Dysfunctions of Cortical Excitability in Drug-Naïve Posttraumatic Stress Disorder Patients

Department of Neuroscience, Neurology Section, University of Siena School of Medicine, Siena, Italy.
Biological psychiatry (Impact Factor: 9.47). 05/2009; 66(1):54-61. DOI: 10.1016/j.biopsych.2009.03.008
Source: PubMed

ABSTRACT The investigation of a wide set of transcranial magnetic stimulation (TMS)-related variables in both hemispheres might help to identify a pattern of cortical excitability changes in posttraumatic stress disorder (PTSD) patients, reflecting gamma-amino-butiric acid (GABA)/glutamate balance and dysfunction, and to determine whether some of these variables are related to clinical features.
In 20 drug-naive PTSD patients without comorbidity and 16 matched healthy control subjects we tested bilaterally with standard TMS procedures: resting motor threshold (RMT) to single-pulse TMS (reflecting ion channel function), paired-pulse short-latency intracortical inhibition (SICI; mainly reflecting GABA(A) function) and intracortical facilitation (ICF; mainly reflecting glutamatergic function), single-pulse cortical silent period (CSP; mainly reflecting GABA(B)-ergic function), and paired-pulse short-latency afferent inhibition (SAI; reflecting cholinergic mechanisms and their presynaptic GABA(A)-mediated modulation).
The PTSD patients showed widespread impairment of GABA(A)-ergic SICI, which was reversed toward facilitation in both hemispheres in one-half of the patients, marked increase of glutamatergic ICF in the right hemisphere, and right-sided impairment of SAI. Illness duration and avoidance symptoms but not anxiety correlated with right-lateralized dysfunctions of cortical excitability.
Although the neurobiological complexity of each TMS variable makes current results theoretical, the pattern of cortical excitability accompanying PTSD symptoms suggests a bilateral decrease of the GABA(A)-ergic function. This prevails in the right hemisphere, in association with a relative prevalence of the glutamatergic tone, a new finding that current neuroimaging investigations cannot provide due to the lack of reliable glutamate tracers. Results might help to disclose new pathophysiological aspects of PTSD symptoms, providing a rationale for future neuromodulatory strategies of treatment.

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Available from: Simone Rossi, Aug 25, 2015
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    • "The efficiency of this motor cortical inhibition circuit is influenced by benzodiazepines (Di Lazzaro et al., 2007a), consistent with a role of the GABAergic system in controlling acetylcholine release in the cortex (Giorgetti et al., 2000). Also, SAI is decreased in patients with obsessive-compulsive disorder (Russo et al., 2014) and posttraumatic stress disorder (Rossi et al., 2009), which are both psychiatric conditions involving a GABAergic imbalance but with limited cholinergic involvement. The age-related reductions in SAI described in this study may thus reflect not only declines in cholinergic activity but also alterations in GABAergic transmission , though this system appears to be relatively spared in aging (Rissman et al., 2007). "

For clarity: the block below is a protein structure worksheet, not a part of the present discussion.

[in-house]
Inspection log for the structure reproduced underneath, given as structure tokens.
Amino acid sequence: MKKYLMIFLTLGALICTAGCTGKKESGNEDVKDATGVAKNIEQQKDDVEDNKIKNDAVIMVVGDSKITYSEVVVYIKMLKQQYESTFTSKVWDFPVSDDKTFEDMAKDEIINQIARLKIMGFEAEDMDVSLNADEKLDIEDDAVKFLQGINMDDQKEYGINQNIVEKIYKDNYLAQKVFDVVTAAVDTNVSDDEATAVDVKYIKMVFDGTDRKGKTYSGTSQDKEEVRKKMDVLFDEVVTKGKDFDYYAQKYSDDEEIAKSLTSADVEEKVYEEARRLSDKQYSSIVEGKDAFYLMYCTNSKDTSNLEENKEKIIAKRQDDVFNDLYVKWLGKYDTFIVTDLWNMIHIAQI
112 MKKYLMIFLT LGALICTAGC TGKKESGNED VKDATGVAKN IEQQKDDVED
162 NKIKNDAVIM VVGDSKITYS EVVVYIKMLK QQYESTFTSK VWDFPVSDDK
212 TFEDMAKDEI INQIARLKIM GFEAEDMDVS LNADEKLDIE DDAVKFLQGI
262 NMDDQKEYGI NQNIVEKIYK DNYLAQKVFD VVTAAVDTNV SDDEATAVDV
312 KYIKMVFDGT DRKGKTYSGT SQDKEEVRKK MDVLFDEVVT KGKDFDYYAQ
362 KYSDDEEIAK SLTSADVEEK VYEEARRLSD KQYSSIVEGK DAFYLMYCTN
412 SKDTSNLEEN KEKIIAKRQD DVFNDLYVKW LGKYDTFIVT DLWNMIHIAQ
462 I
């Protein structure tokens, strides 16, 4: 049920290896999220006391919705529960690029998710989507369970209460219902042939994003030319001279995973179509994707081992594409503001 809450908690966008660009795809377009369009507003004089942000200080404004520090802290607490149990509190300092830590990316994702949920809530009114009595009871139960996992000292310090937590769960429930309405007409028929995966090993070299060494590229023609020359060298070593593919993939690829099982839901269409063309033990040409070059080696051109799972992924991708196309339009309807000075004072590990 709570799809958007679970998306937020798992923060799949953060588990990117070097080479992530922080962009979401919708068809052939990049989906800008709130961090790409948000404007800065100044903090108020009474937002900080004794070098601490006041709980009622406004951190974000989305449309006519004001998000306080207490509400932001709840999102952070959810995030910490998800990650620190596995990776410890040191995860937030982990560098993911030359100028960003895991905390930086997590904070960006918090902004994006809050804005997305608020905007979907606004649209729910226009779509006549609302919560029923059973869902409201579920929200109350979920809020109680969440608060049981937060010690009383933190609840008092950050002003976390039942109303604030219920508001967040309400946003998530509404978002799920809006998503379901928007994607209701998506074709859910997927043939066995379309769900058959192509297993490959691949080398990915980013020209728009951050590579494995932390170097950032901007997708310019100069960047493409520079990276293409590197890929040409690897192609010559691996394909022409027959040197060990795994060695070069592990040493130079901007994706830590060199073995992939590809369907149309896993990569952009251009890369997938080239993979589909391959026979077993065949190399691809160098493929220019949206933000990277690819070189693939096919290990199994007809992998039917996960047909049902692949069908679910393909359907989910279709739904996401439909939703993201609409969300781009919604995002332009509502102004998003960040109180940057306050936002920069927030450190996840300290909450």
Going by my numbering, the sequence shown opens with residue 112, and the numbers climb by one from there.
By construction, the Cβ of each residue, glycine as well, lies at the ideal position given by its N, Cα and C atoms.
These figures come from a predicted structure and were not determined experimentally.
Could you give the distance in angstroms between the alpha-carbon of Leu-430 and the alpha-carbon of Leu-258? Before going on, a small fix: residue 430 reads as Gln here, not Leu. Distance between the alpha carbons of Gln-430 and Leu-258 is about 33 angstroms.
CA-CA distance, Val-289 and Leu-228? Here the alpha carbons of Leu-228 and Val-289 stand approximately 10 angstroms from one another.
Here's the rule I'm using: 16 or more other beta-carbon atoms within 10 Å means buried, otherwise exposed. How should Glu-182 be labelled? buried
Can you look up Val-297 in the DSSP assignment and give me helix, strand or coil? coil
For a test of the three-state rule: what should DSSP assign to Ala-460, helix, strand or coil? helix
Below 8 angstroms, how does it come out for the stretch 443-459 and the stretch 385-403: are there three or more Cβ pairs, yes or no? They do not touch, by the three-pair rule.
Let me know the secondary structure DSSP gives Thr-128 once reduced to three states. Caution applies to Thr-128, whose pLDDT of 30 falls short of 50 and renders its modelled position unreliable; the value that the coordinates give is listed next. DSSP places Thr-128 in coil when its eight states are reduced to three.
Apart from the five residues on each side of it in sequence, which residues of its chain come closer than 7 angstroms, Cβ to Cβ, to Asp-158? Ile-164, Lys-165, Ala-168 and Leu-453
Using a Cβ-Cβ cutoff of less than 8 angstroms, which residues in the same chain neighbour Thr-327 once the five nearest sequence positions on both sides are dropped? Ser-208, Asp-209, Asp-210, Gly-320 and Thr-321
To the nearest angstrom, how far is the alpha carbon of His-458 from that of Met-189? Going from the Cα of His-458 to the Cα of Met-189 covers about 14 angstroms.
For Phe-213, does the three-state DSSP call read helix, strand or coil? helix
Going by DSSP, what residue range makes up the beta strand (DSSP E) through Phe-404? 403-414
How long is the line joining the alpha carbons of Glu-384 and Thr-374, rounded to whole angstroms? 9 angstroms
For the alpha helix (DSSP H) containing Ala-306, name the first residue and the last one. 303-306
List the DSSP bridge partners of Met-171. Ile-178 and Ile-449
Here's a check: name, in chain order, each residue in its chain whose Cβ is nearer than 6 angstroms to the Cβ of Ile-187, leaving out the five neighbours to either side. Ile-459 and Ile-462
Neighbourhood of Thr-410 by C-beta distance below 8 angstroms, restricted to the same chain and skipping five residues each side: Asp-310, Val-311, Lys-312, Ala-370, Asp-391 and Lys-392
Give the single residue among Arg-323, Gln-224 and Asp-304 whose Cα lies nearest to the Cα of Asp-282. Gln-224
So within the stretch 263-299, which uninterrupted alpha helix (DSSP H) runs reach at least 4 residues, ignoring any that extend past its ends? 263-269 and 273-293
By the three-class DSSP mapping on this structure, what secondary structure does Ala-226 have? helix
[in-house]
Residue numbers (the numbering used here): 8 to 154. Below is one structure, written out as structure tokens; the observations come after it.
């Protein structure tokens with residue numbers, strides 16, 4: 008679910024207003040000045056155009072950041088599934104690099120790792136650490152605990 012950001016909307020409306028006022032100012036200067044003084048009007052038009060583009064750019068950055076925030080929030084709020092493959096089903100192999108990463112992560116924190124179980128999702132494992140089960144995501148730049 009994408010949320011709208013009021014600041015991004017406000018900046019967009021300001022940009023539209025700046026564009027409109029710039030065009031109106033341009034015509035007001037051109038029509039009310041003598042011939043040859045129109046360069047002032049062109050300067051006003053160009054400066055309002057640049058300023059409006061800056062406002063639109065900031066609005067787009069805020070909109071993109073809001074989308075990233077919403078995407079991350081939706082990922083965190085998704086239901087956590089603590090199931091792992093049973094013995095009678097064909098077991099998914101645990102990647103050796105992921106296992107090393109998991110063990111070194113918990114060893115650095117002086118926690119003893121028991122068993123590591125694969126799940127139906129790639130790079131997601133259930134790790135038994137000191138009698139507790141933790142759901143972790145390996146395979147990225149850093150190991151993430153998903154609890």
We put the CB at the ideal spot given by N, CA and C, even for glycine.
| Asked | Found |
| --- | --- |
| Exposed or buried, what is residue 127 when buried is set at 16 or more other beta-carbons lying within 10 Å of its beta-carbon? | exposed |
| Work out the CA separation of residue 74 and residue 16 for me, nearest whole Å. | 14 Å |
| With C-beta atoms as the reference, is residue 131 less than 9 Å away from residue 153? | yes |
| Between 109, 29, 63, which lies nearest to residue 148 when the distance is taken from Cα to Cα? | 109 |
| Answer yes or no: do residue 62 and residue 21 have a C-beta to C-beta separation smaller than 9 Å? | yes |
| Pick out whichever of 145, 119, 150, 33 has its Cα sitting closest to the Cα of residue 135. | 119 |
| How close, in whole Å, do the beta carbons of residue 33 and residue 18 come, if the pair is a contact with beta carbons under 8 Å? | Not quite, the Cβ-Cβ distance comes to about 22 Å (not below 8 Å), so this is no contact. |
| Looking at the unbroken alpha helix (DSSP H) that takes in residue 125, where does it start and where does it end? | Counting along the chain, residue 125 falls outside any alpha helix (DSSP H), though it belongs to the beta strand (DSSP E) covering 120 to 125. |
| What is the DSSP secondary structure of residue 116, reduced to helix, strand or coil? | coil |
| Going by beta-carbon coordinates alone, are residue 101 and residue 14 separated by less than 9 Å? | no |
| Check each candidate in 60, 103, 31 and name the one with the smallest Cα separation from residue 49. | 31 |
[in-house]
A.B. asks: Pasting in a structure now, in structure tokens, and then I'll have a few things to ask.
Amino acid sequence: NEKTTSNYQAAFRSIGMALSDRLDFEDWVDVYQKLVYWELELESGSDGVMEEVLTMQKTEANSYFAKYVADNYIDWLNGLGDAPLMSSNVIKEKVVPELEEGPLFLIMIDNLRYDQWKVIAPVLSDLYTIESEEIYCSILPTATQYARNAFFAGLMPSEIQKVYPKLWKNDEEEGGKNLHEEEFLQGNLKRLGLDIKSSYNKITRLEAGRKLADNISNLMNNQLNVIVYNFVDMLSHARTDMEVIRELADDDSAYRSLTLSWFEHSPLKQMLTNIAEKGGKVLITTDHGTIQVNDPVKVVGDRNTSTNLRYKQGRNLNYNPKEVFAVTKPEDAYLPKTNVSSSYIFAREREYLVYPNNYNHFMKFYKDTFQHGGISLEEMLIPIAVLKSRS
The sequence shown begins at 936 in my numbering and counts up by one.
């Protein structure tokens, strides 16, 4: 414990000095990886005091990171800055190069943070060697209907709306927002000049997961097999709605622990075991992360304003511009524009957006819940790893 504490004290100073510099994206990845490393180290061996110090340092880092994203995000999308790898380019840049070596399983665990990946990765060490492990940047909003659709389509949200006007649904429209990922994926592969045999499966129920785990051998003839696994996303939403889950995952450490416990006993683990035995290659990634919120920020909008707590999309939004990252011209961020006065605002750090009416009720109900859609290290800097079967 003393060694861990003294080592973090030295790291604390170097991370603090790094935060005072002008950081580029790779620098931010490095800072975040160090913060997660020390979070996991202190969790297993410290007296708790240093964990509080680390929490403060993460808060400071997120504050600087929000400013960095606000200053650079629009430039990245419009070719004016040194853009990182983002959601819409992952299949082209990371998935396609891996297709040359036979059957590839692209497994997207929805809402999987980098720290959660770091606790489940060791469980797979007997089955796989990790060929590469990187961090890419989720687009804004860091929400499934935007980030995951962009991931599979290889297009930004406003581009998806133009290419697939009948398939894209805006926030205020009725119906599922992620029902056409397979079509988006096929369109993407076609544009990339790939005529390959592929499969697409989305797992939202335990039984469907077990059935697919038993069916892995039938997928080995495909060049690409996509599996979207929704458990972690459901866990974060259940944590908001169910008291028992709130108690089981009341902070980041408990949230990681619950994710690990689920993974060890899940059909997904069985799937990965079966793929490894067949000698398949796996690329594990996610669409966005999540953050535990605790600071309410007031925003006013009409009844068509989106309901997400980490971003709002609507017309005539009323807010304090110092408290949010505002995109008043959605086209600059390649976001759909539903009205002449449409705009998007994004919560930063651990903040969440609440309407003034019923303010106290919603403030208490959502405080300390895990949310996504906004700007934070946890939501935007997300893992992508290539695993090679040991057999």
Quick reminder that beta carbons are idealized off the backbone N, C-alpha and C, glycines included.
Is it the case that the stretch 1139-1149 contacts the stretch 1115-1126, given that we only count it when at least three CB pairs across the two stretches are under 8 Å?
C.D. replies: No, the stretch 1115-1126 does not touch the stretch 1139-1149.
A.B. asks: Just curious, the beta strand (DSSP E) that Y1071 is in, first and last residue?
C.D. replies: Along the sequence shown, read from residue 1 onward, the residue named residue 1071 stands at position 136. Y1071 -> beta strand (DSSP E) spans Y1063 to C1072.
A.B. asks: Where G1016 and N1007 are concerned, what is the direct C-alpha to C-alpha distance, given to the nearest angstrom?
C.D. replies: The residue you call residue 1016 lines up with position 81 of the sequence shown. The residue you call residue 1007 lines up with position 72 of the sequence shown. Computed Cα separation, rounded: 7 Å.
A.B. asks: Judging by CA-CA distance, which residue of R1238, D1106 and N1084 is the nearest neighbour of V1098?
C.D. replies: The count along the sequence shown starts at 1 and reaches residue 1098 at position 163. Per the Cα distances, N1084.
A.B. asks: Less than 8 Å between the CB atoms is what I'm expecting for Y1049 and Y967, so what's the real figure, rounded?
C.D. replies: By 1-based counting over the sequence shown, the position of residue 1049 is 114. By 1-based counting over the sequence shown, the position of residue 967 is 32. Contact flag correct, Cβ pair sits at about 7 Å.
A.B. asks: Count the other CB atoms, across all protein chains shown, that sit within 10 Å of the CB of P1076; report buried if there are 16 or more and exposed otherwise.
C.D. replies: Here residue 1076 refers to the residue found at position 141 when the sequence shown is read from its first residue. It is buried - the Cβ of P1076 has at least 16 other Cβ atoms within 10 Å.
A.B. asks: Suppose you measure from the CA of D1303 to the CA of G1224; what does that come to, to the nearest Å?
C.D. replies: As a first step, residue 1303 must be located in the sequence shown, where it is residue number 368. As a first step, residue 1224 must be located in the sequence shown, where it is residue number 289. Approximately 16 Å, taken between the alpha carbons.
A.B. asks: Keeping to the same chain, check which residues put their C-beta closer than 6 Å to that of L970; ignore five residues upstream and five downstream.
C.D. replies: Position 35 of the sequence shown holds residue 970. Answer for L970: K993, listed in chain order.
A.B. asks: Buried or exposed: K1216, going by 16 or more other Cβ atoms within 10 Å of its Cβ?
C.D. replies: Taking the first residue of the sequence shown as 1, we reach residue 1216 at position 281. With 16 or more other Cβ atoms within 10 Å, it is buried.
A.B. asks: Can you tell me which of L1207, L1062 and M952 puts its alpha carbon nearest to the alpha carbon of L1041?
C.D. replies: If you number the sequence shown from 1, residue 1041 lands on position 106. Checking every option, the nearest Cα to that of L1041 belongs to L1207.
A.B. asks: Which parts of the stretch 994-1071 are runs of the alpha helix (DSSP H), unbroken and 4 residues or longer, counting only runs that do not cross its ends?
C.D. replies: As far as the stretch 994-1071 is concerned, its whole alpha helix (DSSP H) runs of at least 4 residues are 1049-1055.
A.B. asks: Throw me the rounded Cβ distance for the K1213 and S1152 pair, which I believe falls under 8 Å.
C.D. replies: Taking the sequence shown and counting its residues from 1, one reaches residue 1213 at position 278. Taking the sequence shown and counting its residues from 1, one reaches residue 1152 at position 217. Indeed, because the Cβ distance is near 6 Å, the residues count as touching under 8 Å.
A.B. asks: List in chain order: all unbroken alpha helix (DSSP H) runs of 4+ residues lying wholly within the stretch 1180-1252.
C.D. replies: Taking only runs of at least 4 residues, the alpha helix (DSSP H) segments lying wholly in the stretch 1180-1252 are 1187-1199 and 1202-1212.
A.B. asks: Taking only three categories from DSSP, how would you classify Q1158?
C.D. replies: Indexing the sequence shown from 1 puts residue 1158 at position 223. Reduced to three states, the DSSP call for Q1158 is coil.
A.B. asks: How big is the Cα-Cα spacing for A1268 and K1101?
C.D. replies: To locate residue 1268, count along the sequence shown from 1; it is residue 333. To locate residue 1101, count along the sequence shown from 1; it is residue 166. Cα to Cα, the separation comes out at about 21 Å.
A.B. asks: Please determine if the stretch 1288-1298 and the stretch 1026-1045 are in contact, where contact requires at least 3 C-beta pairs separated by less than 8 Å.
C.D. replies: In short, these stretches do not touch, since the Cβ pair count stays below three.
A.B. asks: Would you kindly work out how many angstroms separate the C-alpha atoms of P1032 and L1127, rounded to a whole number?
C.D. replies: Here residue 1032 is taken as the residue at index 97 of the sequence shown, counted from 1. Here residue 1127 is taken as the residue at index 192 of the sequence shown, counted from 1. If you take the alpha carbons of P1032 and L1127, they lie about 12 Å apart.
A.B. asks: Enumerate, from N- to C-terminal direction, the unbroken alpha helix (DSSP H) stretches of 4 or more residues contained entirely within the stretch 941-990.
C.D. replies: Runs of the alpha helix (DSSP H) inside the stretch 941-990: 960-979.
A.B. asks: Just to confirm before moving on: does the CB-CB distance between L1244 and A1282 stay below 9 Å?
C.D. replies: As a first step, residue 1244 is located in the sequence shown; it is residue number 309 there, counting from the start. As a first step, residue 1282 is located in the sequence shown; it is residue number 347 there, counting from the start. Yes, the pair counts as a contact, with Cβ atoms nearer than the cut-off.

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    • "Alterations in the insula, orbitofrontal cortex, posterior cingulate and parietal somatosensory regions have also been described (Bremner et al., 2008; Liberzon and Sripada, 2008). In addition to regionalized brain dysfunction in PTSD, cortical excitability changes in PTSD have been demonstrated by the application of single-pulse transcranial magnetic stimulation (TMS) to the motor cortex of drug naı¨ve patients (Rossi et al., 2009). The authors contend that prolonged illness could be associated with lasting (GABAa related) functional or structural changes even in brain regions such as the motor cortex that are outside, although functionally connected with, regions usually found dysfunctional in PTSD, such as the anterior cingulate cortex, amygdala, limbic and paralimbuc regions. "
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    • "This is particularly relevant since both depression and PTSD have specific cortical excitability dysfunction profiles that are different from that of TBI. In PTSD, hemispheric-specific reductions in SICI and SAI (Rossi et al., 2009) have been reported, whereas depressive patients show a consistent pattern of right-left hemisphere motor threshold INHIBITORY DYSFUNCTION IN SPORTS CONCUSSION 499 differences (Maeda et al., 2000) and reduced CSP durations (Bajbouj et al., 2006). Further studies will be necessary to determine the value of TMS measures in the differential diagnosis of these pathologies. "
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